David Jenkins (sprinter)

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David Jenkins
Jenkins in Carlsbad, California, where he resides
Medal record
Men's athletics
Representing  Great Britain
Olympic Games
Silver medal – second place 1972 Munich 4 × 400 m relay
European Championships
Gold medal – first place 1971 Helsinki 400 m
Gold medal – first place 1974 Rome 4 × 400 m relay
Silver medal – second place 1974 Rome 400 m
European Cup
Gold medal – first place 1975 Nice 400 m
Gold medal – first place 1975 Nice 4 × 400 m relay
Silver medal – second place 1973 Edinburgh 400 m
Bronze medal – third place 1973 Edinburgh 4 × 400 m relay
Silver medal – second place 1973 Moscow 4 × 400 m relay
Bronze medal – third place 1973 Moscow 400 m
Representing  Scotland
Commonwealth Games
Gold medal – first place 1978 Edmonton 4 × 100 m relay

David Andrew Jenkins (born 25 May 1952) is a Scottish former track and field sprinter and convicted felon who competed mainly in the 400 metres. He later confessed (after being convicted of drug smuggling – see below) to using performance enhancing anabolic steroids. His personal best for the distance is 44.93 seconds, set in 1975, which was a British record for over twelve years.[1] He represented Great Britain at three Summer Olympics (1972, 1976 and 1980) and placed seventh in the 400 m at the two latter editions.[2]

Jenkins was the gold medallist at the 1971 European Athletics Championships while still a teenager. He took silver with the 4 × 400 metres relay team at the 1972 Summer Olympics the following year. The 1974 European Athletics Championships saw him finish as runner-up in the individual event, but he was European champion in the relay with Great Britain. He also won a relay gold medal for Scotland at the 1978 Commonwealth Games, sharing in the 4 × 100 metres relay medals.

Jenkins was later convicted of smuggling $100 million of illegal anabolic steroids into the United States, a felony, and sentenced to seven years in federal prison. Following his early release from prison for being an informant, he grew a legal fitness products enterprise in the form of NEXT Proteins. He also registered several patents around his invention of carbonated protein drinks. His brother Roger Jenkins is also a former athlete and was a prominent investment executive at Barclays Bank who faces a possible 22 years in prison after having been charged by the Serious Fraud Office (United Kingdom) with bank fraud.[3][4][5][6]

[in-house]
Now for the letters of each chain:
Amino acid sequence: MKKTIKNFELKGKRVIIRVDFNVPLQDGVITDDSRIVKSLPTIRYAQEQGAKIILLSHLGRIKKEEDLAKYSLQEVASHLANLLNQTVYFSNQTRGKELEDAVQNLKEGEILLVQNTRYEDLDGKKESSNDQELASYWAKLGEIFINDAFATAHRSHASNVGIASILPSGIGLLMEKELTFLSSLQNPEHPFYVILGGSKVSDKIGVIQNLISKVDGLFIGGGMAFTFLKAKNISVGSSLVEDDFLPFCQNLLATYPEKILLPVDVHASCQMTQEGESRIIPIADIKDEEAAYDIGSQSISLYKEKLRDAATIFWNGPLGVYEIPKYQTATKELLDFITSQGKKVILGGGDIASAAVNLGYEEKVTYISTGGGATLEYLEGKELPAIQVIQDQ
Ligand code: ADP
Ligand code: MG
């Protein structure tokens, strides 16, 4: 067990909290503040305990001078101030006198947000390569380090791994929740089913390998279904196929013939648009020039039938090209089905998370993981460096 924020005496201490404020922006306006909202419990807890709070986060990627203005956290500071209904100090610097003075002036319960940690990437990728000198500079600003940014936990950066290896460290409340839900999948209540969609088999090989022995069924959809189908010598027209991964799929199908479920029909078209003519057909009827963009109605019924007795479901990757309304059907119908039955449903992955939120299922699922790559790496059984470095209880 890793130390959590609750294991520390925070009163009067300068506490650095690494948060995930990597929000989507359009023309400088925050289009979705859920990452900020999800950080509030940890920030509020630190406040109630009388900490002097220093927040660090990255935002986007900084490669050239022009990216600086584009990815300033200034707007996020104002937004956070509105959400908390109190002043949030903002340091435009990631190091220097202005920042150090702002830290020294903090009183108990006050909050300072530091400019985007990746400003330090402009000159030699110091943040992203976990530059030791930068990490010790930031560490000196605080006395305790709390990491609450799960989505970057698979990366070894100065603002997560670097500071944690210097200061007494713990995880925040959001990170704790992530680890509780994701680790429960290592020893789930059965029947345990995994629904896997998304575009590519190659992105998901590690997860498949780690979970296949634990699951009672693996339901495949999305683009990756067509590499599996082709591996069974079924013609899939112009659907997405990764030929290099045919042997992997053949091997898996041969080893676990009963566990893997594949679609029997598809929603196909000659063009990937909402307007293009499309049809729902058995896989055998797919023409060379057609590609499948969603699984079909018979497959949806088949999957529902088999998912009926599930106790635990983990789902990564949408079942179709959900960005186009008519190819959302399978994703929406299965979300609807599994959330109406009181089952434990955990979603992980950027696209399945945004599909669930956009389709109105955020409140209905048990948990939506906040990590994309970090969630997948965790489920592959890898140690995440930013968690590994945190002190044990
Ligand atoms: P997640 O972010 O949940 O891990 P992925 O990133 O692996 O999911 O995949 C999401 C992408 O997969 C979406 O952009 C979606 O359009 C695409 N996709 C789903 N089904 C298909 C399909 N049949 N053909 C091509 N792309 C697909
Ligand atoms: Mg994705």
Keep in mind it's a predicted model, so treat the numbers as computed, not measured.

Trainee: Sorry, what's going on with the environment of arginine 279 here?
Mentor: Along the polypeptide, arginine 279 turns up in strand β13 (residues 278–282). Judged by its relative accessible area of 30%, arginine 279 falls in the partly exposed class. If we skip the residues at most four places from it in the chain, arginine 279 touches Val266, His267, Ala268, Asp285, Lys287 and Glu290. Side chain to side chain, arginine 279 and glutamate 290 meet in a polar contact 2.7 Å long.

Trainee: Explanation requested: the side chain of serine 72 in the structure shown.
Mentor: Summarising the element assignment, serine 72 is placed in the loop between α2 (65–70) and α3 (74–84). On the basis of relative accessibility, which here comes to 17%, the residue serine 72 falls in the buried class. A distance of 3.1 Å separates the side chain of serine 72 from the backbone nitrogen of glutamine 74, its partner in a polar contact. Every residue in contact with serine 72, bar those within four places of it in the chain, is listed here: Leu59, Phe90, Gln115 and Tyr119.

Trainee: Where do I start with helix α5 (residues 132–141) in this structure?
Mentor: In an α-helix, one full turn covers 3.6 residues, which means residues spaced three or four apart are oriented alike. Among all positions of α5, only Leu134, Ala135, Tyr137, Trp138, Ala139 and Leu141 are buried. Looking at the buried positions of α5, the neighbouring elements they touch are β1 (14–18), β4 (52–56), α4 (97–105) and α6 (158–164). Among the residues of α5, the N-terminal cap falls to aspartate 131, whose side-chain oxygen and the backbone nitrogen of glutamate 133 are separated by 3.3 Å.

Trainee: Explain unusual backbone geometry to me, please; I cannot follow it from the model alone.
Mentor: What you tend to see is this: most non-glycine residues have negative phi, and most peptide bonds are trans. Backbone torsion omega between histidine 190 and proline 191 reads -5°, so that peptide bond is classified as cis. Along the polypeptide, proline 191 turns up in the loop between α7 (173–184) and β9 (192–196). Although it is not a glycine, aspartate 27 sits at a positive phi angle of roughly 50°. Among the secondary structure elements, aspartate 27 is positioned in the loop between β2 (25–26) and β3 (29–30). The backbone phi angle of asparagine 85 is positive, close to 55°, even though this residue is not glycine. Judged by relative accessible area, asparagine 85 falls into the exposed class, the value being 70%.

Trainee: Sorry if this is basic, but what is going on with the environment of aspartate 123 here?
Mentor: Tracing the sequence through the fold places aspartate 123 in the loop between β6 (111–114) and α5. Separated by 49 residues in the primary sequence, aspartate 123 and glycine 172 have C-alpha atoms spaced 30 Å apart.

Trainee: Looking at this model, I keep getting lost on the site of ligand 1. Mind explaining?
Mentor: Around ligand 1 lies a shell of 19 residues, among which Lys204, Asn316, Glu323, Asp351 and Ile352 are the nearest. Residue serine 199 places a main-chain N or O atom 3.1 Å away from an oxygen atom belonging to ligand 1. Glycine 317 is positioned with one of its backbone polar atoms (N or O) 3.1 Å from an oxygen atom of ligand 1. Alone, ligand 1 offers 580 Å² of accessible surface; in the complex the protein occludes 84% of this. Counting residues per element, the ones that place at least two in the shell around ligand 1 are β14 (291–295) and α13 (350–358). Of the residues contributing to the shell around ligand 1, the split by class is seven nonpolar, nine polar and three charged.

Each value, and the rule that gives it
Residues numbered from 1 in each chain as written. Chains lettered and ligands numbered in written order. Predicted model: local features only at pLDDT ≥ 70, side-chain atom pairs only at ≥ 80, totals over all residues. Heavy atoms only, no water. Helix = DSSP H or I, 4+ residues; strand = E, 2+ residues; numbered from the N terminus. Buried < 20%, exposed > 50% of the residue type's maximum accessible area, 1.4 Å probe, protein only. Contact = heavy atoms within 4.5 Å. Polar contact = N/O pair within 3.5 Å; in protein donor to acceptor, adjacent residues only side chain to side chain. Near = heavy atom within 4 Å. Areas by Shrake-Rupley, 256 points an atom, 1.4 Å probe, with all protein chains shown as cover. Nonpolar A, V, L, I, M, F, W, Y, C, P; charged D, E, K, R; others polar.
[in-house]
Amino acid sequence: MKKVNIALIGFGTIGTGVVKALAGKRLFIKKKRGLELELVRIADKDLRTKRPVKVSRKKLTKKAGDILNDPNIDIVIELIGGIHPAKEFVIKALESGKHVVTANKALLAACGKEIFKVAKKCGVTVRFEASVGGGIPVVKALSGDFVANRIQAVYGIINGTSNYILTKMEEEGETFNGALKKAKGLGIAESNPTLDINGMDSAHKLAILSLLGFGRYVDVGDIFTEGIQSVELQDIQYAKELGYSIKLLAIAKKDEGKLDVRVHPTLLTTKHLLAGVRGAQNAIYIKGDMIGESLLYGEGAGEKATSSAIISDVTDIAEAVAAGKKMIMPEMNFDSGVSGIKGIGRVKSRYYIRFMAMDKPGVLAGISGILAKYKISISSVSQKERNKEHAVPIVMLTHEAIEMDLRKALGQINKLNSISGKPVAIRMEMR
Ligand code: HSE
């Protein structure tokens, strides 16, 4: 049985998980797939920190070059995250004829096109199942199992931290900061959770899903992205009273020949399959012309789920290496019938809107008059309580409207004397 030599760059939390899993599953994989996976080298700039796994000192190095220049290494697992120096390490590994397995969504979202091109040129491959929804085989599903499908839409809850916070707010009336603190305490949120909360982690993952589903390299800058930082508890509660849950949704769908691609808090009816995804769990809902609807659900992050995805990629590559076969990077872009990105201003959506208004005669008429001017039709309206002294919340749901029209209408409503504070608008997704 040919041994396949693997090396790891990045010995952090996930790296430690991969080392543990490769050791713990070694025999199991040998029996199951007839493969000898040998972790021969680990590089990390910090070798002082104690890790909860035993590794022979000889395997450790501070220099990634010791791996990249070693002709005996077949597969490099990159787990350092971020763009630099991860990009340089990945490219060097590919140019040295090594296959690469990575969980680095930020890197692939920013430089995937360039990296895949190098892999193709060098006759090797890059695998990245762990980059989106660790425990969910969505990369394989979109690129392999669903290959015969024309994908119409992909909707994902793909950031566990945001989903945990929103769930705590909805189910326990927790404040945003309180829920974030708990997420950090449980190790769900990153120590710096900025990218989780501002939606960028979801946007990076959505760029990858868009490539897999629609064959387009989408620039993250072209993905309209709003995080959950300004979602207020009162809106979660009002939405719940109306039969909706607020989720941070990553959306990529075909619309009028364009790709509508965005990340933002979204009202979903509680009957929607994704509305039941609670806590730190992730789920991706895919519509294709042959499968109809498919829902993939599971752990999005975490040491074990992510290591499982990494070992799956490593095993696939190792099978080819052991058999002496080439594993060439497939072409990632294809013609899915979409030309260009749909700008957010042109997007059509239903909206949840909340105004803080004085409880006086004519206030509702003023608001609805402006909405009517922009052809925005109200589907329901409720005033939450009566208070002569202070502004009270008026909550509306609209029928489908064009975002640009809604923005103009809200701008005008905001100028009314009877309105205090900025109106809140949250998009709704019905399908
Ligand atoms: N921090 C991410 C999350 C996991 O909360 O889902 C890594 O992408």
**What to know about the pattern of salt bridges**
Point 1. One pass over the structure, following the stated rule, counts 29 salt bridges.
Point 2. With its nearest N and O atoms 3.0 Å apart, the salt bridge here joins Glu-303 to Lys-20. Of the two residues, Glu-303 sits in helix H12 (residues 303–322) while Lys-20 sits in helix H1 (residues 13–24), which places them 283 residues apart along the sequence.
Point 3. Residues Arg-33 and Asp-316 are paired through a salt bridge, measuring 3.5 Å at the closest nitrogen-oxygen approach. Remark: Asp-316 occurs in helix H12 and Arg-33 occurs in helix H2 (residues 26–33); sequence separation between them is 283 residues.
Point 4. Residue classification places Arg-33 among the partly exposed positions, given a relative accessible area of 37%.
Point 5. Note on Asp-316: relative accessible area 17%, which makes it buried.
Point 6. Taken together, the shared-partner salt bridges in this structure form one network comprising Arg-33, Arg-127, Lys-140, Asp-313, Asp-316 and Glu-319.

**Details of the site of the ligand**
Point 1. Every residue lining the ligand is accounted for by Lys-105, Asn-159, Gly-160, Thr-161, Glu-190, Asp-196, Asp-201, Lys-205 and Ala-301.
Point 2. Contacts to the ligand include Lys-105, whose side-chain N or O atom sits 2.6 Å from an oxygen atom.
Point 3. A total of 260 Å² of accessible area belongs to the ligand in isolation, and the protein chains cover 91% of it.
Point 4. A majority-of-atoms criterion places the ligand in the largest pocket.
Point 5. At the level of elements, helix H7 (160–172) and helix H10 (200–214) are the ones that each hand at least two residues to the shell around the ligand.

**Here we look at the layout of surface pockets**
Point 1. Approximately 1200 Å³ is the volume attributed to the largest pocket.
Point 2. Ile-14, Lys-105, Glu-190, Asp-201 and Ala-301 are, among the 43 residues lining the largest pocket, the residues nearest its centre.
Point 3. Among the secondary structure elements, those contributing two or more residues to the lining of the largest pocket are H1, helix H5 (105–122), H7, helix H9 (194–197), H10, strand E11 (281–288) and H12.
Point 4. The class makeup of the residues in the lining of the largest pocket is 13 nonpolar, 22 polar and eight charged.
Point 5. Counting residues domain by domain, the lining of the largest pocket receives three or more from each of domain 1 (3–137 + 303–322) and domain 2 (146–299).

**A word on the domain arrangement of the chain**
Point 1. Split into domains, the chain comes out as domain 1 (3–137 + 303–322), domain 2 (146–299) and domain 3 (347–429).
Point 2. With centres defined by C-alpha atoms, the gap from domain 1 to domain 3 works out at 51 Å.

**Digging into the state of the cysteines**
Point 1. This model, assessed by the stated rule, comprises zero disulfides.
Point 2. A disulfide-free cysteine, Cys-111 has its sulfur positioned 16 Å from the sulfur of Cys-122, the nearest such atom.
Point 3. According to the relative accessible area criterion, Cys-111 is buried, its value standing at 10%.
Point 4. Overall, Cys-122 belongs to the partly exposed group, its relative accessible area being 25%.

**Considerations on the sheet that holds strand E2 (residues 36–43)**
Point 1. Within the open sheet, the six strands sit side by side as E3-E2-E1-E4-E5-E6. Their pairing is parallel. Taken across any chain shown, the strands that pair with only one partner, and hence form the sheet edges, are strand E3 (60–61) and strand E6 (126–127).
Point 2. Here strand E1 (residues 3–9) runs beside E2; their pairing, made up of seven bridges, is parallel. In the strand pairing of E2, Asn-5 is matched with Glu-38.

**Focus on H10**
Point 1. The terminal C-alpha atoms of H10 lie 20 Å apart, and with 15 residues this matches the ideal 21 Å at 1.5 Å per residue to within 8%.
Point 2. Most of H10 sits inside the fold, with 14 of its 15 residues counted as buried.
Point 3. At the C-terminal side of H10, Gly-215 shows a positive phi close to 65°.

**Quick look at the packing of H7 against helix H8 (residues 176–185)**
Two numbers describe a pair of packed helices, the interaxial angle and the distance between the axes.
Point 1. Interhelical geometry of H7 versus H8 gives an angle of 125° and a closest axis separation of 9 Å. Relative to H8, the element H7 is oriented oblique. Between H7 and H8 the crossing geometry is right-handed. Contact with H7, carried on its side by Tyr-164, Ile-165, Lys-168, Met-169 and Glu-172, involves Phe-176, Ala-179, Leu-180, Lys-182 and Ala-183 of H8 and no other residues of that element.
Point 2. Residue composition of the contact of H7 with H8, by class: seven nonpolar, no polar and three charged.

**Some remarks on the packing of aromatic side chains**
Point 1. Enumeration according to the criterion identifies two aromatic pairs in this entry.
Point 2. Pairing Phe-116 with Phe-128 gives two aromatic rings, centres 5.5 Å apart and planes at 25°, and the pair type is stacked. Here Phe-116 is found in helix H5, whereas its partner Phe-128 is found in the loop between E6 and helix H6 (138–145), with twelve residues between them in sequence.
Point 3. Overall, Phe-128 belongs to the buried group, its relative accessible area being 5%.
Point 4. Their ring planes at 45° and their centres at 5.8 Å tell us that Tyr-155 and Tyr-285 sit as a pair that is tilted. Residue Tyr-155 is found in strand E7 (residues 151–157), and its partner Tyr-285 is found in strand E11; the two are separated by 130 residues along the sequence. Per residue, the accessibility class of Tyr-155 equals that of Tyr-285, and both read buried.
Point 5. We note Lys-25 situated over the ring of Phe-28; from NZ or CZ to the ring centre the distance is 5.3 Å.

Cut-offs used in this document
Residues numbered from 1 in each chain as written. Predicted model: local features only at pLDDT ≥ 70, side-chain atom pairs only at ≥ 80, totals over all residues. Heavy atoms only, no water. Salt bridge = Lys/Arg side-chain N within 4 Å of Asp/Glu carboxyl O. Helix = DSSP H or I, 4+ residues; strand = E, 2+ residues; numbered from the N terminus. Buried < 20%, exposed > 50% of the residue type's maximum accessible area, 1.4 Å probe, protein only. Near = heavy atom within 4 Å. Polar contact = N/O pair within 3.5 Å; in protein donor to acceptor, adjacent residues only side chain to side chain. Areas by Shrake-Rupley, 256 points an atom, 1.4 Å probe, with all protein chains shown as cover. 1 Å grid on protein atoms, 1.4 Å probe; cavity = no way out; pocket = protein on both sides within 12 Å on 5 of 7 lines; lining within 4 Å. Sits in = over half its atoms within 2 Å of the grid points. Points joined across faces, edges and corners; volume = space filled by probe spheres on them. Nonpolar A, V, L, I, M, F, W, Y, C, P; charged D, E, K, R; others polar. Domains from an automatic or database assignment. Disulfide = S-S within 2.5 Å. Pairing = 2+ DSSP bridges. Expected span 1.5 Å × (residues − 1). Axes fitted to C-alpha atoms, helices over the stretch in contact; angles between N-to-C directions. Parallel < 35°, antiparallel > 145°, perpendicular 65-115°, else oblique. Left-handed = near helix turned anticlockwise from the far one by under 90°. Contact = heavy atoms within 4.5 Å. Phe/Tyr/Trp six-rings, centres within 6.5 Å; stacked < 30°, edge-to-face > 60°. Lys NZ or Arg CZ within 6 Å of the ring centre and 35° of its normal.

Early life and education[edit]

Born in Pointe-à-Pierre, Trinidad and Tobago, British West Indies, Jenkins was the son of an oil refinery manager.

Jenkins was educated at Edinburgh Academy, where he excelled at sport. From 1970 to 1973 he attended the University of Edinburgh (1970–1973) where, as a British Petroleum industrial apprentice. he received a BSc in chemical engineering.[7] He then went on to study at Heriot-Watt University in Edinburgh, where he received a postgraduate diploma in business management and marketing (1974).[8]

In 1976, Jenkins was awarded a Travelling Fellowship from the Winston Churchill Memorial Trusts. His project's title was "Community sport participation and provision", and the fellowship enabled him to visit the United States and West Germany.[8]

Jenkins is US Representative for The Edinburgh Academy's Academical Club.[9]

Athletics career[edit]

Jenkins' first coach was Jake Young, then head of physical education at the Edinburgh Academy. In his youth, Jenkins was the European record holder at 400-metres for under 17 and under 19 years old. In 1969 he represented Great Britain's senior open team in Hamburg, West Germany, winning the 400-metres aged 17 years four months.[10] Jenkins' international athletic career spanned three decades, 1969 through 1982 starting on cinder tracks, to synthetic tracks from hand timing to electronic timing.

From 1970–1973 and again in 1980 Jenkins was coached by the then Scottish National Coach, John Anderson. He started off as Scottish 100/200/400 champion, followed by his first of 6 AAA's 400 metre titles. Also in 1971, still aged only nineteen, Jenkins won the 400 metres at the 1971 European Athletics Championships in Helsinki.

He went on to compete for Great Britain in the 1972 Summer Olympics held in Munich, Germany in the 4 x 400-metre relay where he won the silver medal with his teammates Martin Reynolds, Alan Pascoe and David Hemery. From 1973 to 1977 Hemery, a contemporary and 1968 Olympic hurdles champion, coached Jenkins.[11]

In 1974 he won the silver medal on the 400 metres at the European Athletics Championships in Rome as well as the gold medal in the 4x 400-metre with his teammates Glen Cohen, William Hartley and Alan Pascoe. The race announcer remarked that Jenkins had the "greatest run of his life", when he won the 4 × 400 m relay.[12]